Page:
On July 6, 2011, Facebook, the leader of the social networking world announced a new, unprecedented upgrade to its existing framework. In a deal with Skype, which is owned by long-time Facebook investor Microsoft, Facebook aims to take the social network to new heights through video chat.
Many people have posited that the collaboration between Facebook and Skype is more than a simple investor-helping-out-its-investment relationship. Rather, with the launch of Google+ less than a week before the Facebook/Skype deal surfaced, it seems like a new war has begun to capture the feint hearts of the internet public.
These Battle Lines Are Not So New
Microsoft was an early investor in Facebook and Mark Zuckerberg, with a relationship that dates back to 2007. While Microsoft can and still may complete with Facebook in the future, this current collaboration seems to smack of the “enemy of my enemy” maxim.
Microsoft’s battle with Google is long documented. Remember Bing? Launched in 2009, it is Google’s direct competitor. Though it has made gains in the industry, Google’s dominance is still apparent and marketers continue to covet the top of their elusive rankings. This leaves Microsoft in the position of catch-up and their May 2011 acquisition of Skype seems to offer an opportunity to do just that.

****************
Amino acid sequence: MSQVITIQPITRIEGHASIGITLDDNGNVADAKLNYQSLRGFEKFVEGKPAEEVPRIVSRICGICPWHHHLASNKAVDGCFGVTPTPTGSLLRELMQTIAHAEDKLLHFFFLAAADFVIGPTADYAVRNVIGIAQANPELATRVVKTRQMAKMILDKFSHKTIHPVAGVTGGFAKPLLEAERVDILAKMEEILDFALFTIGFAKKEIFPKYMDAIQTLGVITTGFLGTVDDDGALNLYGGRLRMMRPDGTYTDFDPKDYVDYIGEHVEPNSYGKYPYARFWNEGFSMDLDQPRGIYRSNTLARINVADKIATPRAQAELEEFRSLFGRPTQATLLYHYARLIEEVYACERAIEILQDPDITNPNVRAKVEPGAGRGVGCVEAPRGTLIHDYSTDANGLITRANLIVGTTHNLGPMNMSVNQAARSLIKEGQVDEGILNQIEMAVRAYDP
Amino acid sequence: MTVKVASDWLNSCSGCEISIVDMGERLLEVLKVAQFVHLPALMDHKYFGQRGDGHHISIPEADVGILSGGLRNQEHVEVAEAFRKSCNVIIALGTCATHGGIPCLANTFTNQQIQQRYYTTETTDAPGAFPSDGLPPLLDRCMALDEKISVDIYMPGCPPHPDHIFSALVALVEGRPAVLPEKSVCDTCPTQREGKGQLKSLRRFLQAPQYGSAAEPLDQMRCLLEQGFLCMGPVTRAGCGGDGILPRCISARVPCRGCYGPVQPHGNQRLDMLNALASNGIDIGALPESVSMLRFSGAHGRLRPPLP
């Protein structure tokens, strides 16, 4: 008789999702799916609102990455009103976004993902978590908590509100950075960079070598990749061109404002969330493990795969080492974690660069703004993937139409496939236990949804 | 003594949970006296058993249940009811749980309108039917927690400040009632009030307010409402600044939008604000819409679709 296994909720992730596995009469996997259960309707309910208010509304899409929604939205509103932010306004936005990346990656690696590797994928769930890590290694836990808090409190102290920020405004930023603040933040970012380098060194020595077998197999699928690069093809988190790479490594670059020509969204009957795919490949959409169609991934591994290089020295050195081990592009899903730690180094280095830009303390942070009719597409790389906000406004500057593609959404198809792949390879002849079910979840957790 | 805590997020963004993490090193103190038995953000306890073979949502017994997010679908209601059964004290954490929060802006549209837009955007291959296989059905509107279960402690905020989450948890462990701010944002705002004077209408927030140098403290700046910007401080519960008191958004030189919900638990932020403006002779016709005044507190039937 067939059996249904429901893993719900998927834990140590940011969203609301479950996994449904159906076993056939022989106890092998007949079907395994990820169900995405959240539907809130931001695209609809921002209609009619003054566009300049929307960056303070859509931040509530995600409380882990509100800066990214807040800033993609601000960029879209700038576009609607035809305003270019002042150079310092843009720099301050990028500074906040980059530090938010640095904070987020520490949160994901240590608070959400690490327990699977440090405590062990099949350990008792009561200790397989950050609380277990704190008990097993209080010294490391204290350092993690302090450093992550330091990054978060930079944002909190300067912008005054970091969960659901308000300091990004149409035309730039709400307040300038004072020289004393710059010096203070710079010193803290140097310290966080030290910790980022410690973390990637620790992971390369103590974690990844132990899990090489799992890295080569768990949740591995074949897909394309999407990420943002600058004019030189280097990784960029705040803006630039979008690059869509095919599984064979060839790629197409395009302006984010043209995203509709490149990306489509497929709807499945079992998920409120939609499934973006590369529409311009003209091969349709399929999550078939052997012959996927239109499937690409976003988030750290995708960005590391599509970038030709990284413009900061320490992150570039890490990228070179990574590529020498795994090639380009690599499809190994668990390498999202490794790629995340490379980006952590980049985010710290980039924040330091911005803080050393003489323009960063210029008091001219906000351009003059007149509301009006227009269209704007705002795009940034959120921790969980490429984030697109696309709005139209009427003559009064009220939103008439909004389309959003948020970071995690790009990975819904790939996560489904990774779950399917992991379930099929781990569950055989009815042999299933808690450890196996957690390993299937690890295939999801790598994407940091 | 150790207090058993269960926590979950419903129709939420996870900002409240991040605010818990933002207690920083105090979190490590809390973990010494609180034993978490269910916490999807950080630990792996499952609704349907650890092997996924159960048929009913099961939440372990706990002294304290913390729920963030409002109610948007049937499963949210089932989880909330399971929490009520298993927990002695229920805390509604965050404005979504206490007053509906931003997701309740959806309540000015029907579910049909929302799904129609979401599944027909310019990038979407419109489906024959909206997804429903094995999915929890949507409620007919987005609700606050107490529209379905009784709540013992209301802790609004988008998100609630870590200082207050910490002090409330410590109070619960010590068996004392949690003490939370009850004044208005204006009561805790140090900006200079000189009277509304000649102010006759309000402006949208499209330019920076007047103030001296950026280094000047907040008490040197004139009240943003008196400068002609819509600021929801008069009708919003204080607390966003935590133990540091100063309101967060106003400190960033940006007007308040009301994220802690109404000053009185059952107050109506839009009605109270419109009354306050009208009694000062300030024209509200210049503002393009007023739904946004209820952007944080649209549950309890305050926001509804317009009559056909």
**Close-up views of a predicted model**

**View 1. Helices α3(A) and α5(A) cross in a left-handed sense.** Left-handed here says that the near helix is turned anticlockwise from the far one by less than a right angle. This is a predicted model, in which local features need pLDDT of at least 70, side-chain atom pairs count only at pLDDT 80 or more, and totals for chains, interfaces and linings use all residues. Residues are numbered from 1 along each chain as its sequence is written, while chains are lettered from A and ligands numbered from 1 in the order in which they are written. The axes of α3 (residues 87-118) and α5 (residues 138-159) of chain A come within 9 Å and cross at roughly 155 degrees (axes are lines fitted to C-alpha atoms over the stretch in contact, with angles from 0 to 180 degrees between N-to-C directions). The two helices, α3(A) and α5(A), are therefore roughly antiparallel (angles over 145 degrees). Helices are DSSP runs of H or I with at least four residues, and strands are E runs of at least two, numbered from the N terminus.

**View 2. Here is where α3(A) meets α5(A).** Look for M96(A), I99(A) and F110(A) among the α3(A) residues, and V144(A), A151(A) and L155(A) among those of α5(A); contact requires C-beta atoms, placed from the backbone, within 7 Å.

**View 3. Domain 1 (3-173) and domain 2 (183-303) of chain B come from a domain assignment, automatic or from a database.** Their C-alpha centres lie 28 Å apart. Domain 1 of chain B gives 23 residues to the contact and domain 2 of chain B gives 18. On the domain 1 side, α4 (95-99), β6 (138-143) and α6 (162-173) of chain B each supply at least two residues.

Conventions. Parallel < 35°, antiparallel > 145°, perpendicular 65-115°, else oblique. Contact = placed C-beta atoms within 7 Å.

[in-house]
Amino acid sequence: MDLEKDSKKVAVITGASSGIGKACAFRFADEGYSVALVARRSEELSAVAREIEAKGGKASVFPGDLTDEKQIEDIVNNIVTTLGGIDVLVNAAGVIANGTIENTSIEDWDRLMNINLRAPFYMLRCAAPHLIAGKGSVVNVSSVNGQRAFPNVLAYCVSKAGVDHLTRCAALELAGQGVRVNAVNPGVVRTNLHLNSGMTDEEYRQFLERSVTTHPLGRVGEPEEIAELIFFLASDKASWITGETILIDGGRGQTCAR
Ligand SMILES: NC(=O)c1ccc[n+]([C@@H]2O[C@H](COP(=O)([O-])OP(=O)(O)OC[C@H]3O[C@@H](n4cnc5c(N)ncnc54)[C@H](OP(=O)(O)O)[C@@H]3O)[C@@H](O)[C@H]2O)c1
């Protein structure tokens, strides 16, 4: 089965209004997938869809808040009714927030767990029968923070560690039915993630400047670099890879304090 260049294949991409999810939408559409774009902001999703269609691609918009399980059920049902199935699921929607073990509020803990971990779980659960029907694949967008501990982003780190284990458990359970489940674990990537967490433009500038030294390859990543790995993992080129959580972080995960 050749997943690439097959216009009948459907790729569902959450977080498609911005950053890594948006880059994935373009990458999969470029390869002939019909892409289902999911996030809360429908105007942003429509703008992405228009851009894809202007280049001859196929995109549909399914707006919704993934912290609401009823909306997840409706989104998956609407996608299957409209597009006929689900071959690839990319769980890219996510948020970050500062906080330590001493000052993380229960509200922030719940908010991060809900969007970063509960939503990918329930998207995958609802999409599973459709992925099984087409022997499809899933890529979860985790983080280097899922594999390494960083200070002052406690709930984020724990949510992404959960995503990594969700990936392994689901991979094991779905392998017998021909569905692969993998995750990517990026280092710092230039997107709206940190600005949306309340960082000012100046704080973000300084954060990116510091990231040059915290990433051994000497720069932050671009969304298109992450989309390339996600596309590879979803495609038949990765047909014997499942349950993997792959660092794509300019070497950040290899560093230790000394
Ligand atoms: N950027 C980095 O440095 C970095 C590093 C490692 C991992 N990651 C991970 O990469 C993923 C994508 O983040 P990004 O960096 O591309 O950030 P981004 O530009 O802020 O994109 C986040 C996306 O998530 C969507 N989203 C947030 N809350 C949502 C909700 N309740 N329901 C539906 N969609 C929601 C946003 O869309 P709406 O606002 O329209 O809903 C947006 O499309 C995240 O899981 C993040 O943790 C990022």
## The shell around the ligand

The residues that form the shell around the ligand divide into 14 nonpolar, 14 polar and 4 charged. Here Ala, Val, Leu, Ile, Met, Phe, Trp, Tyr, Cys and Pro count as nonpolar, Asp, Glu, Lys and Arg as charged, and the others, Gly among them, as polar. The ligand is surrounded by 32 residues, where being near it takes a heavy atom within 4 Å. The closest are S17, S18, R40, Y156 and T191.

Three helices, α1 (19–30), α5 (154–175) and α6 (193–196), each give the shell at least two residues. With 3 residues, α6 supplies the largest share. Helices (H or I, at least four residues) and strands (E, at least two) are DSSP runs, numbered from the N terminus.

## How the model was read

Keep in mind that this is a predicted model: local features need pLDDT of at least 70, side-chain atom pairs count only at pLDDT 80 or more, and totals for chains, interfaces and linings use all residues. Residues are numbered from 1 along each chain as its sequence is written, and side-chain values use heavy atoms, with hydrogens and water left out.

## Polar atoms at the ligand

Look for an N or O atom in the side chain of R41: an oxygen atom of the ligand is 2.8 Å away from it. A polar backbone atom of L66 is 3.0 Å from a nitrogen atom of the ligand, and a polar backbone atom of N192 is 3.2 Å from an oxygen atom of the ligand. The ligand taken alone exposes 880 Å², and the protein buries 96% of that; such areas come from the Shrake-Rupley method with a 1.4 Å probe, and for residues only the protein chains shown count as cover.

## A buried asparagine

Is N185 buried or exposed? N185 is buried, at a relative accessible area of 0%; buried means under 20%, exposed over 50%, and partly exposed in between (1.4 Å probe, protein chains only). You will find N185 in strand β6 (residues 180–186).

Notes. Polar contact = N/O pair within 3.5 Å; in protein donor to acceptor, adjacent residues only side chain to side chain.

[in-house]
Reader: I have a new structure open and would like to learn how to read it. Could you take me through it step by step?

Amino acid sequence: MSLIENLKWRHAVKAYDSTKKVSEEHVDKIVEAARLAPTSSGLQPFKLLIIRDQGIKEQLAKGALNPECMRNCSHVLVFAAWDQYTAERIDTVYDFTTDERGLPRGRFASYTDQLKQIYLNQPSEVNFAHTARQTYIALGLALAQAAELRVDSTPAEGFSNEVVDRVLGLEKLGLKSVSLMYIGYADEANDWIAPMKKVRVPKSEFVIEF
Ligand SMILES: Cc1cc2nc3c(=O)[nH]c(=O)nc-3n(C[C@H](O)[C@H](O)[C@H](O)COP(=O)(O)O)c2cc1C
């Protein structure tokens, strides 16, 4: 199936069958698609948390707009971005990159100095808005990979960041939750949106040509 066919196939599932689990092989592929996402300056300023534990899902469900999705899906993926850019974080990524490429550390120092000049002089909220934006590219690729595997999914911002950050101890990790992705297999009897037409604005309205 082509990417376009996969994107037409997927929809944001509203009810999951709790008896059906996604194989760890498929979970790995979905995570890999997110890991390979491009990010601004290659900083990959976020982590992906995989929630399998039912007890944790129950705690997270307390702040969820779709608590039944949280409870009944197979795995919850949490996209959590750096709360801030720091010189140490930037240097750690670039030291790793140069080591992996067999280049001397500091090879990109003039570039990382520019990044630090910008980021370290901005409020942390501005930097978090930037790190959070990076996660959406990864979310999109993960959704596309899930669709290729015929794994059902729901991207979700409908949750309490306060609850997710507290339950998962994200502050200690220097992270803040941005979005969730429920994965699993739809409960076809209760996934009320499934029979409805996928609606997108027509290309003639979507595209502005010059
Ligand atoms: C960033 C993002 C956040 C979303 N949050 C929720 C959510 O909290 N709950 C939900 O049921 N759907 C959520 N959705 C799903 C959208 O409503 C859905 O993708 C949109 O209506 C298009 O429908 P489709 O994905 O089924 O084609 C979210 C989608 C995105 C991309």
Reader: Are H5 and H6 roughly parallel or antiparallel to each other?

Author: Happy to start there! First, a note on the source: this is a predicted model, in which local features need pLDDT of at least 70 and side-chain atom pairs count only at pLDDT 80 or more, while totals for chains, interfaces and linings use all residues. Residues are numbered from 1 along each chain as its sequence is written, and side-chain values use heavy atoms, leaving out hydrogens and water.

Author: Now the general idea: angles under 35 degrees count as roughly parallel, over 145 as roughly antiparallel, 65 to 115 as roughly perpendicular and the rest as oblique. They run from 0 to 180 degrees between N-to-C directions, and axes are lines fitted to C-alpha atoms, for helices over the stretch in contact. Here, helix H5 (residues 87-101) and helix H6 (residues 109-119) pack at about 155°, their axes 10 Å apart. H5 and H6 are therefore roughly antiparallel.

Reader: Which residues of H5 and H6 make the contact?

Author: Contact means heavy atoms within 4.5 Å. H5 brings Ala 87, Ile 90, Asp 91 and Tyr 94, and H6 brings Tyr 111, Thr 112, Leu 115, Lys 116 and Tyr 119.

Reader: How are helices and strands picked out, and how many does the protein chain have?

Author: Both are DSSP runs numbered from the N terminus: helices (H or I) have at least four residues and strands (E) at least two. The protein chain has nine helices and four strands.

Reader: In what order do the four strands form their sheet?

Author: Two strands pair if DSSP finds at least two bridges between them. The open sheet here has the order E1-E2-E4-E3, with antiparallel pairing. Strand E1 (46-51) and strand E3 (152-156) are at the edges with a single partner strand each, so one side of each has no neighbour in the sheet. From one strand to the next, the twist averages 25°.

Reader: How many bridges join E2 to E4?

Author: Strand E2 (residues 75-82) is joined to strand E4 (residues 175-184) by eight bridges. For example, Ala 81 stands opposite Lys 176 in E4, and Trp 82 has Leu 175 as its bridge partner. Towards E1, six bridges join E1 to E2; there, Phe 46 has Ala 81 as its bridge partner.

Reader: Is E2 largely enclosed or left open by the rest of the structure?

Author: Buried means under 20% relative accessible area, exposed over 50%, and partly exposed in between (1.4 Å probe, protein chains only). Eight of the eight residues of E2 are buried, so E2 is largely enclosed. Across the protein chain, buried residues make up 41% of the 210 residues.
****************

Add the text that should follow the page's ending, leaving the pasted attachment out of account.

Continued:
Follow the Money Trail
Advertising dollars and people’s attention spans are short, which is why Google has sought to expand to social networking in the first place. Most internet marketers will agree that the old rules of advertising are dying fast as new, interactive and social network-based ads are drawing more hits.
The collaboration between Facebook and Skype positions most people already involved with the latter network to expand their base to Facebook’s 700+ million users. This subsequently gives advertisers an even greater market to reach and Facebook a reason to gloat since it has taken over the only truly unique aspect of as Google+, which is still in its infancy.
The War Continues
This is not to say that Google should be discounted completely from this equation, however. The fact that Facebook felt the need to respond to the Google+ launch in the first place shows that, at least inwardly, they may be sweating a bit.
In the hours following the Facebook/Skype announcement, the blogosphere already lit up with predictions about who is the new loser in all of this. Is Facebook the new MySpace? Or is Google the new Microsoft?
Either way, there is still a lot of information yet to filter in, and there are a lot of decisions yet to be made. Ultimately, however, the users will make the final cuts and, in the end, trying to predict the market in terms of technology trends is like trying to pin down the rain – it’s a bit hopeless.
I’ve been writing on one specific topic, which is free people search, a topic that combines search (what Google is good at) and social (finding people you haven’t seen for a long time, what Facebook is good at).